Charles Antis: Thank you for asking that question. It is such a bias. As you know, as I've helped propel the roofing industry to adopt all the Ronald McDonald Houses, one of the most common answers I've had, and I get in trouble for the way I answer this because I always give them a Southern accent. But when I say, "Hey, will you donate a roof?", I get an answer maybe from someone from Florida. And it comes like this, "Well, by God, I'll give the roof, Charles, but we're not going to talk about it." And I'm like, "Dude, if we don't talk about it, how's it going to grow?"
Charles Antis: And I always win that argument because the reason, by the way, the reason he says that, and the reason I used to say that, it's the bias baked in, something, Reid [Ribel 00:06:37] and I got into a long conversation last week talking about this, something, maybe in the wording of some of the stuff we read in church that don't let the left hand know what the right hand is doing or God's going to curse you.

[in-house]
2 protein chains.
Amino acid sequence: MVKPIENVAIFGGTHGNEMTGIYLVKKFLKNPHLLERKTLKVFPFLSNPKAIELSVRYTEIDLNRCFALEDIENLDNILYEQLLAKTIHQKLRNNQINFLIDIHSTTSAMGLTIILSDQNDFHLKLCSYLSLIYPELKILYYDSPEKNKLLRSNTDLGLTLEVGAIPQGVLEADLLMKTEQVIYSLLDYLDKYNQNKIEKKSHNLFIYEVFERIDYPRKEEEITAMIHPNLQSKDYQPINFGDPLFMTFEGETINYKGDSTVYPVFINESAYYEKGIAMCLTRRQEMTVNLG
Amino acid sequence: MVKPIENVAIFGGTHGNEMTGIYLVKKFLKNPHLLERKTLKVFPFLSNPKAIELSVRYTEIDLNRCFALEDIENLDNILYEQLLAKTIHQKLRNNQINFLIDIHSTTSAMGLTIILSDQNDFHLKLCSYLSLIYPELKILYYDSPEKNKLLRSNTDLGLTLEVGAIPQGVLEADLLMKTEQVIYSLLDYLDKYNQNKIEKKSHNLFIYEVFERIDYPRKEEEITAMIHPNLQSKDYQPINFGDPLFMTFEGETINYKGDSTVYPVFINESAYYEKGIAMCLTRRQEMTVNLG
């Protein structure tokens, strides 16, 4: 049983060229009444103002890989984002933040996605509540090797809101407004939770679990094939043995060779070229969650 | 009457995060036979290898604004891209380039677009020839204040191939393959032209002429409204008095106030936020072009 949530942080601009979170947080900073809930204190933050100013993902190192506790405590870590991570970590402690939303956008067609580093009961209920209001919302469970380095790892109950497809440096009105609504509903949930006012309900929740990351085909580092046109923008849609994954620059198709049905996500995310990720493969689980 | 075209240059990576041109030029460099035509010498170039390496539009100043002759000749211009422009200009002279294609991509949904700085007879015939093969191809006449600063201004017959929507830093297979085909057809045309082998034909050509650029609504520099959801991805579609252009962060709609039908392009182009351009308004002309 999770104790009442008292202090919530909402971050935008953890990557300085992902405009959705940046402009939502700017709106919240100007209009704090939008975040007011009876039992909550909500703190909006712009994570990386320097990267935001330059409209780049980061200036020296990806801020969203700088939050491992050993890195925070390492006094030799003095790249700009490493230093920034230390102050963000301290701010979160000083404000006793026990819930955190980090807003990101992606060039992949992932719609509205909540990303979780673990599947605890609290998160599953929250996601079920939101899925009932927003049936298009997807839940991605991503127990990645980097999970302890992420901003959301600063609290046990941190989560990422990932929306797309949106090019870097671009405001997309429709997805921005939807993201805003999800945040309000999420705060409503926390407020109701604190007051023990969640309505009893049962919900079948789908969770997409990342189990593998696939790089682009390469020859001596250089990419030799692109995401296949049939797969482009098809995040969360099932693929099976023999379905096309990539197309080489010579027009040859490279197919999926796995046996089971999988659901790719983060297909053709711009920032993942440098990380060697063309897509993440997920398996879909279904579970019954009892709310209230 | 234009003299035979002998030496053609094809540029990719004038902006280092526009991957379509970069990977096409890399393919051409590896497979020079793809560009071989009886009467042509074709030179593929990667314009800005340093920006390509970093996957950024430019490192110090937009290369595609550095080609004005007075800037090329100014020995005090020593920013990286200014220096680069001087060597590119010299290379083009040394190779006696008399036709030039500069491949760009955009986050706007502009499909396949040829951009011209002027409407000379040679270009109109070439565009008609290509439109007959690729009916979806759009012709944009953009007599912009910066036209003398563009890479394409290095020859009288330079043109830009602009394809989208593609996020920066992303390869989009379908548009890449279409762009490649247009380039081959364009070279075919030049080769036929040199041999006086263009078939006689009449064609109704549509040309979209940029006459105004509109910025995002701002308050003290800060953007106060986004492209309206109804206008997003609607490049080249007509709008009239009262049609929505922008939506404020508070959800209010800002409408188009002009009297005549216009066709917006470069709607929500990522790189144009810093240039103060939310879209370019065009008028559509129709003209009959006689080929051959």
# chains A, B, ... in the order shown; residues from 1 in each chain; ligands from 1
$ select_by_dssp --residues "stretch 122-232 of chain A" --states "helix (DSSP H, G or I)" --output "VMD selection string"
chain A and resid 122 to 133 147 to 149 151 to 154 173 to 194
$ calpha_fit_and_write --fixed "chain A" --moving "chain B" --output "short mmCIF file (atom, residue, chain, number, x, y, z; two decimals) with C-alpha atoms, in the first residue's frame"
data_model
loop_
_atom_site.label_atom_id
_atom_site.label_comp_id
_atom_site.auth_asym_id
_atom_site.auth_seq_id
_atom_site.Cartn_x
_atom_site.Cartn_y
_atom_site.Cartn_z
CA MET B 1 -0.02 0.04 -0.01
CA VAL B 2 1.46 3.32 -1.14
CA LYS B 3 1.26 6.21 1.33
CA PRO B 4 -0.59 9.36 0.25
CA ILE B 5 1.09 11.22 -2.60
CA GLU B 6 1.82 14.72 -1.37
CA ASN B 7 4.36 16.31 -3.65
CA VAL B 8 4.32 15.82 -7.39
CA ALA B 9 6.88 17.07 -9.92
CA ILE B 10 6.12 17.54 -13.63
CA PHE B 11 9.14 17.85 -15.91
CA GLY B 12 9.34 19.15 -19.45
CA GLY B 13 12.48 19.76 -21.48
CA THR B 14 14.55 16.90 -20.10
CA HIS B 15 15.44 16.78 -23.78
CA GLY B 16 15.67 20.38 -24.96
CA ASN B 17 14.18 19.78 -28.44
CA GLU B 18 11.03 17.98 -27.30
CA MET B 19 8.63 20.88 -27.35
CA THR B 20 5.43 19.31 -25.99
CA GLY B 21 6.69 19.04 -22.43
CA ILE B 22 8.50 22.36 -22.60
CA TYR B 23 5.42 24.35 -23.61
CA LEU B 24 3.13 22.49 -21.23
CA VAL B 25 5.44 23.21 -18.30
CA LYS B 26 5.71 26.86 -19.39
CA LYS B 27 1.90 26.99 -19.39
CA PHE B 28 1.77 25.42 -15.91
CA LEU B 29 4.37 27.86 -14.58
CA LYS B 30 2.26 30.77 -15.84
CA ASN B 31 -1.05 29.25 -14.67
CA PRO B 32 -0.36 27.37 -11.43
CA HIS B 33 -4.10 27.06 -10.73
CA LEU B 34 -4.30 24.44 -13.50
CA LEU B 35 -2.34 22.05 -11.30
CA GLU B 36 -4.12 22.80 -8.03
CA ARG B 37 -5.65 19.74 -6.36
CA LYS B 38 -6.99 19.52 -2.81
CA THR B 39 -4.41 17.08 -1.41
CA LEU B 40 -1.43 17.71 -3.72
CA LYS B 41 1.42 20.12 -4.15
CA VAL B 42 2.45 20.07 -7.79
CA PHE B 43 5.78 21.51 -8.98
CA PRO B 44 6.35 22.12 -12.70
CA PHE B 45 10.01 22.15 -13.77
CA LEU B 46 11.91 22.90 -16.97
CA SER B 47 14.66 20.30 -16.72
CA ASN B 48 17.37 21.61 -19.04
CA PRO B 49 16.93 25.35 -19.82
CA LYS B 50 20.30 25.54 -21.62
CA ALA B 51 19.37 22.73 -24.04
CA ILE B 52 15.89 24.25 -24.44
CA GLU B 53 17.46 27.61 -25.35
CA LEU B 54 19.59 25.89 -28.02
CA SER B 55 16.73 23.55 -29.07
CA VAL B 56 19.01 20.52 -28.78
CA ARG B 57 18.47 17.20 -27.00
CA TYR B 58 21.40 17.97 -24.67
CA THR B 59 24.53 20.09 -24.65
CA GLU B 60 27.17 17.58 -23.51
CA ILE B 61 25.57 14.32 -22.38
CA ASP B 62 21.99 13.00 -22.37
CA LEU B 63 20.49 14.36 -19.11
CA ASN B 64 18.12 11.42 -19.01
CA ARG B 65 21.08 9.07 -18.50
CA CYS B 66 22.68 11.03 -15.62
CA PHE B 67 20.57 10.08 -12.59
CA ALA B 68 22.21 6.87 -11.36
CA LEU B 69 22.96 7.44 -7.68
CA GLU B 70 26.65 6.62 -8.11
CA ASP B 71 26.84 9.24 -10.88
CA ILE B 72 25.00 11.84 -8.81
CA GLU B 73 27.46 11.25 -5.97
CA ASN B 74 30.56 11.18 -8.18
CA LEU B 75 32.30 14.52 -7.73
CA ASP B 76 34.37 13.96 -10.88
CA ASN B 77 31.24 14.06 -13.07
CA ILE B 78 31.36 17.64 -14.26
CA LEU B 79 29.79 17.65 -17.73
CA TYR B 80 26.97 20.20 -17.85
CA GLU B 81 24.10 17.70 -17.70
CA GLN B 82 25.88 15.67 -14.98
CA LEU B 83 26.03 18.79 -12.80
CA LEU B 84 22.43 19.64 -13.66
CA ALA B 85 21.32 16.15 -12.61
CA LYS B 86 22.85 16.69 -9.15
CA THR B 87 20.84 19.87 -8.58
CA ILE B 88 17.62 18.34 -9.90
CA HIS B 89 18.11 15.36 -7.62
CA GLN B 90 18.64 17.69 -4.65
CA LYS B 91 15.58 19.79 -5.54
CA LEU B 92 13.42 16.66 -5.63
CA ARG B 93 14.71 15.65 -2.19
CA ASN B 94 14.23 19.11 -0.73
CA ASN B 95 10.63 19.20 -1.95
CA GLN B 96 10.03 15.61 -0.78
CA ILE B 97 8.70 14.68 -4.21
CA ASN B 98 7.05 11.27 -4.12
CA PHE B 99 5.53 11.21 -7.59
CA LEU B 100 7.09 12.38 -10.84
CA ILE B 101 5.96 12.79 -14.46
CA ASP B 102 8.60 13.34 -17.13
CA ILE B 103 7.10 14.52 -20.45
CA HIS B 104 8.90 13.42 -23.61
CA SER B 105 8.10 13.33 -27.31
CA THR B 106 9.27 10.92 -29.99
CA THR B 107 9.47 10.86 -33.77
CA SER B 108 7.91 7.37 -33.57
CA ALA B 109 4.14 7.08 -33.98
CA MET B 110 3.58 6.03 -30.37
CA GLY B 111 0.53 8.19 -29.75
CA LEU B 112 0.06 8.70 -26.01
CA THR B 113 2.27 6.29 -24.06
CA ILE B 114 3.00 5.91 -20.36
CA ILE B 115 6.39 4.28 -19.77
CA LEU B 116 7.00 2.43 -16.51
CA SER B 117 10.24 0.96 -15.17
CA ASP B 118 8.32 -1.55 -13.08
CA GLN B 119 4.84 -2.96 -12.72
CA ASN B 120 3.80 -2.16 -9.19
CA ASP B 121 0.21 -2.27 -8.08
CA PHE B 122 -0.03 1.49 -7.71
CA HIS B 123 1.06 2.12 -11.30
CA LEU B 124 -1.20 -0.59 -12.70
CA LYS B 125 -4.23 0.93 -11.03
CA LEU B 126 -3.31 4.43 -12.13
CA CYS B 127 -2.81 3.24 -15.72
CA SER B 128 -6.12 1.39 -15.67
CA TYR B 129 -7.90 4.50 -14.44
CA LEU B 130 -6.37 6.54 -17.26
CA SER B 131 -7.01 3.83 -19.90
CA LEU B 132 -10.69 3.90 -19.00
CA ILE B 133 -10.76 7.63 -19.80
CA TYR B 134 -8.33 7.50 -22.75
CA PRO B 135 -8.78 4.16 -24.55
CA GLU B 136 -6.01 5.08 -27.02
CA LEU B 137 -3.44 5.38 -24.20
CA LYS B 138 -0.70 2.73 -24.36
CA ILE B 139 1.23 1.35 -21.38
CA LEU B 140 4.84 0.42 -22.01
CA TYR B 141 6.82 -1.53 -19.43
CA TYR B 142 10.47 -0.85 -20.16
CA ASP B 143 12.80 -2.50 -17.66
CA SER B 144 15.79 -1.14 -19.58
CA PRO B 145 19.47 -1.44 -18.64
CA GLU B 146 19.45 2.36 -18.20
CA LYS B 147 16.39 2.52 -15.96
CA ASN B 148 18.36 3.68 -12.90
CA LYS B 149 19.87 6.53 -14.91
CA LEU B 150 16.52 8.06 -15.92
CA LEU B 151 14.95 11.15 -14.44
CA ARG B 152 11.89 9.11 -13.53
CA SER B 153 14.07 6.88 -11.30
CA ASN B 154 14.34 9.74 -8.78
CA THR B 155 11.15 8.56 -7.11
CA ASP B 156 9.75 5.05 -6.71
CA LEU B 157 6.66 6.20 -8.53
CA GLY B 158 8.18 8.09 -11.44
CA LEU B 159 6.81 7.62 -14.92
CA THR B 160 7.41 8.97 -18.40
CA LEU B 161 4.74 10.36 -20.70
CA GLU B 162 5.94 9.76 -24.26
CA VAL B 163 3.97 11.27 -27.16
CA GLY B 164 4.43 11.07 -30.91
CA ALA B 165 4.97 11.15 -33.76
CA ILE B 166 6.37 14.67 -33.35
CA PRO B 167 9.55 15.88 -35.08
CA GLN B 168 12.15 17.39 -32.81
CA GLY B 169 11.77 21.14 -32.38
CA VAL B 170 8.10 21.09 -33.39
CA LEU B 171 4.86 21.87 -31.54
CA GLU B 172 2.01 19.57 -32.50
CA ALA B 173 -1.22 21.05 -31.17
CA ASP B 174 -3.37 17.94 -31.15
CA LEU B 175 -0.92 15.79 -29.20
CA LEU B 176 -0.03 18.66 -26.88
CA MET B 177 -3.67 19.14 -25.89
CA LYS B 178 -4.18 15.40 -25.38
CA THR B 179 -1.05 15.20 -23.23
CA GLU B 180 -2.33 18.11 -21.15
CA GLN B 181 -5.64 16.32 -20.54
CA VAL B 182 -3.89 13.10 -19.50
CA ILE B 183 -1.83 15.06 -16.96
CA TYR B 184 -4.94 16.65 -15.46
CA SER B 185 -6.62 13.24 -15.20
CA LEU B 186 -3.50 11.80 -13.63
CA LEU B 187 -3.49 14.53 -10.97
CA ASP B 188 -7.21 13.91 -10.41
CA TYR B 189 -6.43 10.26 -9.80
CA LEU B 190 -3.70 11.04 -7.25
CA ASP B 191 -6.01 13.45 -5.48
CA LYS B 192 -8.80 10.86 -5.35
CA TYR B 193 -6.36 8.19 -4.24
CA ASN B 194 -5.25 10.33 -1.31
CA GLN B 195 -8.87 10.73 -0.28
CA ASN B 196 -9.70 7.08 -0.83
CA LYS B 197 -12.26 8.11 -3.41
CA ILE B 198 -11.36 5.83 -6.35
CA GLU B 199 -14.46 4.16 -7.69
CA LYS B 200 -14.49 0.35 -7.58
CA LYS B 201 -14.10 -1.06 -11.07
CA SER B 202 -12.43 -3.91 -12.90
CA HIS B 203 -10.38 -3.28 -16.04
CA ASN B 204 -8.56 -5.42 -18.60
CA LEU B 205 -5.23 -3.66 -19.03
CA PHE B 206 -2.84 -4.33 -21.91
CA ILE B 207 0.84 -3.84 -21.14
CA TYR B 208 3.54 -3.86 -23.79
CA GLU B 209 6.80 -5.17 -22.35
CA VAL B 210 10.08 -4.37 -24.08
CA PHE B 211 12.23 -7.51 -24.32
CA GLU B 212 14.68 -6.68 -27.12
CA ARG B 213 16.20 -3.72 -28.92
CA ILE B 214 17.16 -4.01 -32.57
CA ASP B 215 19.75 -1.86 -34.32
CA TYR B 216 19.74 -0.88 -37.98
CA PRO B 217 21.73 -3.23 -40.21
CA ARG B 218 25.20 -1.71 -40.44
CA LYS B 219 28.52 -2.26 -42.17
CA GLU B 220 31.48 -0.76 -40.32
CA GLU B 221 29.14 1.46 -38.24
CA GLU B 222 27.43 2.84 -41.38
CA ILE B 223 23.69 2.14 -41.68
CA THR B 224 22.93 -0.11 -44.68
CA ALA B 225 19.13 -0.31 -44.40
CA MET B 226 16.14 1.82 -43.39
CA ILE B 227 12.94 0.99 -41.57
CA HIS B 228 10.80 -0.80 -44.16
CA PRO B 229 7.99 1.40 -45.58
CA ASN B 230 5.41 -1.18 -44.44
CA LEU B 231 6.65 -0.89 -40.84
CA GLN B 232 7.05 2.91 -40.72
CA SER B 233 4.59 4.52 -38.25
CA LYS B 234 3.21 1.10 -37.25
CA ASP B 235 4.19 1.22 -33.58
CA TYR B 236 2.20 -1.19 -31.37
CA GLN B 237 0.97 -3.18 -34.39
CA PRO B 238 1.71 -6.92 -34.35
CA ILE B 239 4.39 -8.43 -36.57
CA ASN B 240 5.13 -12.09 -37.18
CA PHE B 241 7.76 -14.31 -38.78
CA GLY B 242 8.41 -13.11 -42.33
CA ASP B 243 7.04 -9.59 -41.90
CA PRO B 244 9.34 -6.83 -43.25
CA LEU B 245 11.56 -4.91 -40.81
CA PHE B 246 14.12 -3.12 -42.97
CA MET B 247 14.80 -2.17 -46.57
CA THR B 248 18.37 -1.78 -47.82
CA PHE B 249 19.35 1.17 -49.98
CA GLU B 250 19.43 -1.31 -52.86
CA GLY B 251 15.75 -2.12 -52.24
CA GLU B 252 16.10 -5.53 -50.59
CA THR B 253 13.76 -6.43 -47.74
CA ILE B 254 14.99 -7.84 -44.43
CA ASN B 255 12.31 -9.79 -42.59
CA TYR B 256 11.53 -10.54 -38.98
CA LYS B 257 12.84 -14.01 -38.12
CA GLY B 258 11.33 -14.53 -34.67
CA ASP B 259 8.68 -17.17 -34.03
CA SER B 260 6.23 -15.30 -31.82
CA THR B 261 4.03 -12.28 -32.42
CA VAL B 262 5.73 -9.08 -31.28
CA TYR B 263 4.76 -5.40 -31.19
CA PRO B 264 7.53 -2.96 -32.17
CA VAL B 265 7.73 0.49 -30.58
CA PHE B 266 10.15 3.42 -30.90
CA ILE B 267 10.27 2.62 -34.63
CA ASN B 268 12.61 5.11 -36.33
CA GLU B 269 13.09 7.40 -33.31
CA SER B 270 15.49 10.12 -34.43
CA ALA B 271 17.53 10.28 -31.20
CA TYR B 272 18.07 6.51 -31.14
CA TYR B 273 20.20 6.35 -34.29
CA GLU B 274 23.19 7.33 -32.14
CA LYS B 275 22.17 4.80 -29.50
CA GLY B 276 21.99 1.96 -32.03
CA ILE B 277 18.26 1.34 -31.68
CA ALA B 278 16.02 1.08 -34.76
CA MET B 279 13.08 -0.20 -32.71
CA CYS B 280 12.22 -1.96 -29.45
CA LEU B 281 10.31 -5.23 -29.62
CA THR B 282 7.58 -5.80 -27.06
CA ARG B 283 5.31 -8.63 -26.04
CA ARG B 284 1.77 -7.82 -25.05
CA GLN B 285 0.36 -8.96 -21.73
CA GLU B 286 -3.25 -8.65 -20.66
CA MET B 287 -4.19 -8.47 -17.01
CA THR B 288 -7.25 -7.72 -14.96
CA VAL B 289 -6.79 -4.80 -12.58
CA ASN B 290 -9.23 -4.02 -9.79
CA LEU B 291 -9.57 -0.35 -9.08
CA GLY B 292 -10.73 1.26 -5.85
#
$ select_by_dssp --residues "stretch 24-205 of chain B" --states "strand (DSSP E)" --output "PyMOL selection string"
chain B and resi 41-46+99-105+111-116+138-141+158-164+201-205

Charles Antis: And it sounds really over the top saying it that way. But if I really break it down, that's why I didn't talk about it. It felt unsafe to talk about it. It felt like I was bragging, or I felt like you were going to ask me for more roofs and I can't afford to give more roofs.
Charles Antis: But what I found is by talking about it, wow, we have a real culture. People are excited to go to work, work's like a family because we know truly why we exist. It's to keep families safe and dry, no matter what. And that's why it really exudes this.